The Restoration of The Adoration of the Shepherds by Pietro da Cortona
- Restoration, of The Agony in the Garden with the Donor, Louis d’Orléans (1405-1408)
- Restoration, of The Wine of Saint Martin’s Day by Pieter Bruegel the Elder
- The Restoration of the two Equestrian Portraits by Velázquez
- Restoration of Ariadna
- The Restoration of Nero and Seneca by Eduardo Barrón
- The Restoration of Adam and Eve, by Dürer
- The Restoration of Philip II on Horseback by Rubens
- The Restoration of The Adoration of the Shepherds by Pietro da Cortona
- The Restoration of The Soult Immaculate Conception by Bartolomé Esteban Murillo
- The Restoration of The Purification of the Virgin in the Temple by Pedro de Campaña
- The Restoration of the 2nd and 3rd of May
The painting, dated around 1658, was a gift to King Philip IV from Cardinal Francesco Barberini (1597-1679), a nephew of Pope Urban VIII (r. 1623-1644). Following the death of this Pope, who was known for his anti-Spanish tendencies, and the arrival of his Hispanophile successor Innocent X, the King issued orders for the ecclesiastical income Barberini enjoyed in Spain and Italy to be confiscated. Their reconciliation came in 1659, partly as a result of the gifts the cardinal sent to Madrid. Among them was this painting, which is executed on a support made up of forty-three small pieces of aventurine and three of slate.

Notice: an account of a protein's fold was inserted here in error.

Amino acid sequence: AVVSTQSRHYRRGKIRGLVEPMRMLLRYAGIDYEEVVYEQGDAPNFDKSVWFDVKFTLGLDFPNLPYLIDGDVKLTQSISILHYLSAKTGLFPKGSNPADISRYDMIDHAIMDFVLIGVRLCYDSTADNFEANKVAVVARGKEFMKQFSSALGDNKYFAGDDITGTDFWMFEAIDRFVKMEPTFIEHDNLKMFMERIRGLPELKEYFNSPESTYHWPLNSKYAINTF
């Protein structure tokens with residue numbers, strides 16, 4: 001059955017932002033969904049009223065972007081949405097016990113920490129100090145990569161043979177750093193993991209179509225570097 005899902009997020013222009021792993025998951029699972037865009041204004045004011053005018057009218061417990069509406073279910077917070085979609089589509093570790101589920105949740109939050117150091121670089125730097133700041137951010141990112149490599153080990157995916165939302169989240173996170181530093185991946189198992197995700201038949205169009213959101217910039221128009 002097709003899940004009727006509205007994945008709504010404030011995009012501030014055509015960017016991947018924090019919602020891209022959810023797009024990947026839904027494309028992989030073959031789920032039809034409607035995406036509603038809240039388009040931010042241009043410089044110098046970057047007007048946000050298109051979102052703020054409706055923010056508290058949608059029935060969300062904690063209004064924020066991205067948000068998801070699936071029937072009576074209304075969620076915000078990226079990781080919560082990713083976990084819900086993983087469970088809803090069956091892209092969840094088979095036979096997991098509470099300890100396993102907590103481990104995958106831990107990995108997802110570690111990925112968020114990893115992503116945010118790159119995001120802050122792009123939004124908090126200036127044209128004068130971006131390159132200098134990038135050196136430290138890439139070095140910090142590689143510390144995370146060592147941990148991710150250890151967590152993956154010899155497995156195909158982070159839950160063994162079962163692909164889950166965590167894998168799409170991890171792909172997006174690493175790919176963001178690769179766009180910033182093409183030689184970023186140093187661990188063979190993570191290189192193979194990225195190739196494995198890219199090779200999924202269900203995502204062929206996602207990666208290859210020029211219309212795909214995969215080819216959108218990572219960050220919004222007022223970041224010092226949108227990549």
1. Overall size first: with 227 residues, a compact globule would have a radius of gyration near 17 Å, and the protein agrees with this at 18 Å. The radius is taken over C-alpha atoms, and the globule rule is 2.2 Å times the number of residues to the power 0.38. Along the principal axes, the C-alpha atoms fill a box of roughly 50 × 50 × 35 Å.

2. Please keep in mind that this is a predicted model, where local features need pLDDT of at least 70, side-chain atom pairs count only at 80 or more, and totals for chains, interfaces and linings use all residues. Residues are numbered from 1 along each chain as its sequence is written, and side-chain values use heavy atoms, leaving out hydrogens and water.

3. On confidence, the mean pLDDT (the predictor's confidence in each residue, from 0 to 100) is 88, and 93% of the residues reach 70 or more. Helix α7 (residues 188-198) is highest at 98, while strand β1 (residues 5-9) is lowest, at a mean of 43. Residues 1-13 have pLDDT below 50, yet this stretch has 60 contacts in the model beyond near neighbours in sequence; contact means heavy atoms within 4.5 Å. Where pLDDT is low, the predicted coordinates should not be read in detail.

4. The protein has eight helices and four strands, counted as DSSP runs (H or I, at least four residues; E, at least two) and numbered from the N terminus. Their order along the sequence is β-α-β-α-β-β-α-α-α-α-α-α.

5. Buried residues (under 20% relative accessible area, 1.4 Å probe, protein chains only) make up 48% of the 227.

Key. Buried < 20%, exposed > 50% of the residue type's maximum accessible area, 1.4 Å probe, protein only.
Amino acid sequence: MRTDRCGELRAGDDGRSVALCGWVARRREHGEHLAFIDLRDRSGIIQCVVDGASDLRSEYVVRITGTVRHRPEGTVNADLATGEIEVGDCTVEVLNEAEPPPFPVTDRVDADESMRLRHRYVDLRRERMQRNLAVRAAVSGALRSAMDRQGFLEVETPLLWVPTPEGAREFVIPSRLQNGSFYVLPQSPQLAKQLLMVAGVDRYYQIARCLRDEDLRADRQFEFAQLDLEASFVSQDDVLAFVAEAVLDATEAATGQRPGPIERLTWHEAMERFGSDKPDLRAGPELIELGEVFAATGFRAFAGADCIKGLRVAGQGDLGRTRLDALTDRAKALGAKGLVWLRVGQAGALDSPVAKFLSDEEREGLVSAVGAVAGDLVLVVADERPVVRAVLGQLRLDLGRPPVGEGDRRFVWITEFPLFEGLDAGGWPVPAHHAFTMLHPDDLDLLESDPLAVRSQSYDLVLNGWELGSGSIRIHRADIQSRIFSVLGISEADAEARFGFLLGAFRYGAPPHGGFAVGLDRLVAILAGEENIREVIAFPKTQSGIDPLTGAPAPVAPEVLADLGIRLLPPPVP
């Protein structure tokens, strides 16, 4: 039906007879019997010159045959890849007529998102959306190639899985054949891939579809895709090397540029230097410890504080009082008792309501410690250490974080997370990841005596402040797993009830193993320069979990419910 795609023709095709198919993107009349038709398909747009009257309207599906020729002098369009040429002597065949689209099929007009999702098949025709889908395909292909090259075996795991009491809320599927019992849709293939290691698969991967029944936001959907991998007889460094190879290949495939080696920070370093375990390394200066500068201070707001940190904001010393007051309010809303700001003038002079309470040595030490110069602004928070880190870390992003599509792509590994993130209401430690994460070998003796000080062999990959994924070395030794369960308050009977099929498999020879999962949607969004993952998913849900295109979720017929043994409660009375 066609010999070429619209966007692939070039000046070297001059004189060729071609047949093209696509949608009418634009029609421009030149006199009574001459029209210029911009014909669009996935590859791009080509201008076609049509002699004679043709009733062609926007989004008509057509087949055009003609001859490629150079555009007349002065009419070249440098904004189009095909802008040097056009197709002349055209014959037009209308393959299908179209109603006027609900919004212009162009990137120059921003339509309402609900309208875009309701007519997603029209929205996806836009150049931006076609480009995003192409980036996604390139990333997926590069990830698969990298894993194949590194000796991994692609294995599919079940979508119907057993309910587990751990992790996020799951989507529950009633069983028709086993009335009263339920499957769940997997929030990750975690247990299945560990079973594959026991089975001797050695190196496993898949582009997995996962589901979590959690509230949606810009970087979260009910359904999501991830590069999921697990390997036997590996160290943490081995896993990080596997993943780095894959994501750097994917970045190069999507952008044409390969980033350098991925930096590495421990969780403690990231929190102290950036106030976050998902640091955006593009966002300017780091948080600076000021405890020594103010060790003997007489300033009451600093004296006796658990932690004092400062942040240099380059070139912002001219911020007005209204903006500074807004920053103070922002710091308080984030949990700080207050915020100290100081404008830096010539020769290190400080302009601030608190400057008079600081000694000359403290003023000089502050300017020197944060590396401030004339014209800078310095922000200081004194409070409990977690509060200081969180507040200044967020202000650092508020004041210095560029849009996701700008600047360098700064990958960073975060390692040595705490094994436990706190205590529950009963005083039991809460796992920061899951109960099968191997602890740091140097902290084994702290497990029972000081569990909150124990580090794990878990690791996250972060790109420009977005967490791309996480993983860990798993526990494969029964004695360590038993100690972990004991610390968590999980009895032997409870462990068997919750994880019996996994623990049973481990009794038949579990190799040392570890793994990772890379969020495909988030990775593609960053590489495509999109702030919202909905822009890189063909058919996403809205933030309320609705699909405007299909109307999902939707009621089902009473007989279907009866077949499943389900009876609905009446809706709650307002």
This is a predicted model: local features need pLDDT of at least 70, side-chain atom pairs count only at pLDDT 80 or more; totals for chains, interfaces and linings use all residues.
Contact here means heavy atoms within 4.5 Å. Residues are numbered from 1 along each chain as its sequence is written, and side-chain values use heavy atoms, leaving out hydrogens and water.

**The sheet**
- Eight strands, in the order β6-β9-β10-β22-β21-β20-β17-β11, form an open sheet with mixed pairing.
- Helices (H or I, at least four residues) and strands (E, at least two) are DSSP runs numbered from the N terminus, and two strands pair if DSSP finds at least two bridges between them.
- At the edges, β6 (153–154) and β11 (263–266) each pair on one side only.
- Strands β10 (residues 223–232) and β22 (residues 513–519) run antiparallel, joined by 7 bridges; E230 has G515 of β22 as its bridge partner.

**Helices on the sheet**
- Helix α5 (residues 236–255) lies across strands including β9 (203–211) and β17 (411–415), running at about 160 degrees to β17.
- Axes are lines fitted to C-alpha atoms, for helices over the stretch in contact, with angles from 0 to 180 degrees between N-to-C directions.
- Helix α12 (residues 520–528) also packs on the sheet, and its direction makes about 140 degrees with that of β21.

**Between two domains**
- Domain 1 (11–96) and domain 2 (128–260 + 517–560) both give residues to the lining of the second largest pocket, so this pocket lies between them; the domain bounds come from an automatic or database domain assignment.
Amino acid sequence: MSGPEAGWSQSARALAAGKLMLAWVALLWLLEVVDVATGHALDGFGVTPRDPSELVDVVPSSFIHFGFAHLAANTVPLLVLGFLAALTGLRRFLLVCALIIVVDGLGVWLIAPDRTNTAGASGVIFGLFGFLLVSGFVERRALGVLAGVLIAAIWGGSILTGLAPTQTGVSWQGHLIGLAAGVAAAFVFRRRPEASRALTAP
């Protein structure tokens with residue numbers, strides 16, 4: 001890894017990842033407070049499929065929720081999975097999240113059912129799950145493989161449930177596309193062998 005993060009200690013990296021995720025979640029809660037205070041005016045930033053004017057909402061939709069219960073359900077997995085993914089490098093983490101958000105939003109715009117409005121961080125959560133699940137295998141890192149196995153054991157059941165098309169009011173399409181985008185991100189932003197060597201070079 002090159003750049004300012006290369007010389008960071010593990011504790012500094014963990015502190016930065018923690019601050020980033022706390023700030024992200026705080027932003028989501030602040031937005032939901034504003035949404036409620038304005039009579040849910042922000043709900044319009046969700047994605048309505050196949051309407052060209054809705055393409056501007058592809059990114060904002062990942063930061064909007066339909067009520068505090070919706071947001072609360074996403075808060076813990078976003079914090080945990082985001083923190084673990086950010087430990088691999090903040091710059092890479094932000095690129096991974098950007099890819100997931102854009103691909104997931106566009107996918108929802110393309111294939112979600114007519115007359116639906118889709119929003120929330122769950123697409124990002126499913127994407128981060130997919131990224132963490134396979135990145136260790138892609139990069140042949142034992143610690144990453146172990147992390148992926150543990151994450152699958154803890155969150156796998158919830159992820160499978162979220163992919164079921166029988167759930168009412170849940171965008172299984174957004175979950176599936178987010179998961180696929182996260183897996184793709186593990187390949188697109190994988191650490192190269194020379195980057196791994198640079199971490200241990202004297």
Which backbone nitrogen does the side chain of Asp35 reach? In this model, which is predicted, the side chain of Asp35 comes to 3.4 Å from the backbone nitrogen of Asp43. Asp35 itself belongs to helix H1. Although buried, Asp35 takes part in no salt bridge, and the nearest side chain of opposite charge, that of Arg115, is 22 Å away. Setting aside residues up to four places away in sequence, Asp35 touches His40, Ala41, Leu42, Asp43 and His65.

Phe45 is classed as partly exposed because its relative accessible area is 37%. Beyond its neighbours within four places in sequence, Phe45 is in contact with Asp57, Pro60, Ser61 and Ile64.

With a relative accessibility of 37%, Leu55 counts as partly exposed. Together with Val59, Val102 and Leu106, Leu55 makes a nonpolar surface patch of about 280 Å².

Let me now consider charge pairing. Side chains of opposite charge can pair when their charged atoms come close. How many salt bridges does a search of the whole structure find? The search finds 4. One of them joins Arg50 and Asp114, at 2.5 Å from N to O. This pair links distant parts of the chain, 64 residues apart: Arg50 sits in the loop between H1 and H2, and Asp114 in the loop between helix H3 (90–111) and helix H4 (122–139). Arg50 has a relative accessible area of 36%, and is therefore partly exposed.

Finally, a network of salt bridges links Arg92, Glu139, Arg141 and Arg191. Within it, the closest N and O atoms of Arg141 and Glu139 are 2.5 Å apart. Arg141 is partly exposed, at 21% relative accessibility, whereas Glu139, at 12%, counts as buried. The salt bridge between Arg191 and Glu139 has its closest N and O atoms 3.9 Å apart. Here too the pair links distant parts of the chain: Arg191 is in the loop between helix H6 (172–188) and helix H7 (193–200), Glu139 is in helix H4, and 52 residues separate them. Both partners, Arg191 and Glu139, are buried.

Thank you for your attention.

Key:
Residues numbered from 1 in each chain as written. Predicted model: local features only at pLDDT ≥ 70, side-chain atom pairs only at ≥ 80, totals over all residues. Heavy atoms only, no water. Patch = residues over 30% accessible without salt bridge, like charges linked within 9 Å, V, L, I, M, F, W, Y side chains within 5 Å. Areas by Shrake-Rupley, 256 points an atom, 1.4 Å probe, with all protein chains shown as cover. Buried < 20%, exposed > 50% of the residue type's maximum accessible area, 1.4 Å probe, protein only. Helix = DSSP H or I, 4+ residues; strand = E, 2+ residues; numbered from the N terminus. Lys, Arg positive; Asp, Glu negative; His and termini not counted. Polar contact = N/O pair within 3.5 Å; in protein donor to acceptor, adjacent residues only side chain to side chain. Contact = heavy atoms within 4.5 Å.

Aventurine, so-called because its production was largely a matter of chance (ventura in Italian), is a glass paste which imitates the effects of the gemstone from India and Russia that, curiosly, was named after it. It began to be made early in the seventeenth century in the Venetian city of Murano by adding copper oxide to clear glass paste to achieve the characteristic sparkles of variable intensity, which Pietro da Cortona (1597-1669) uses to evoke the starry sky.
To show the effect intended by Cortona to use this material as support, the image presented below reproduces the intimacy that takes the scene in terms of the intensity with which illuminates the work. To appreciate this, look closely at the picture for a moment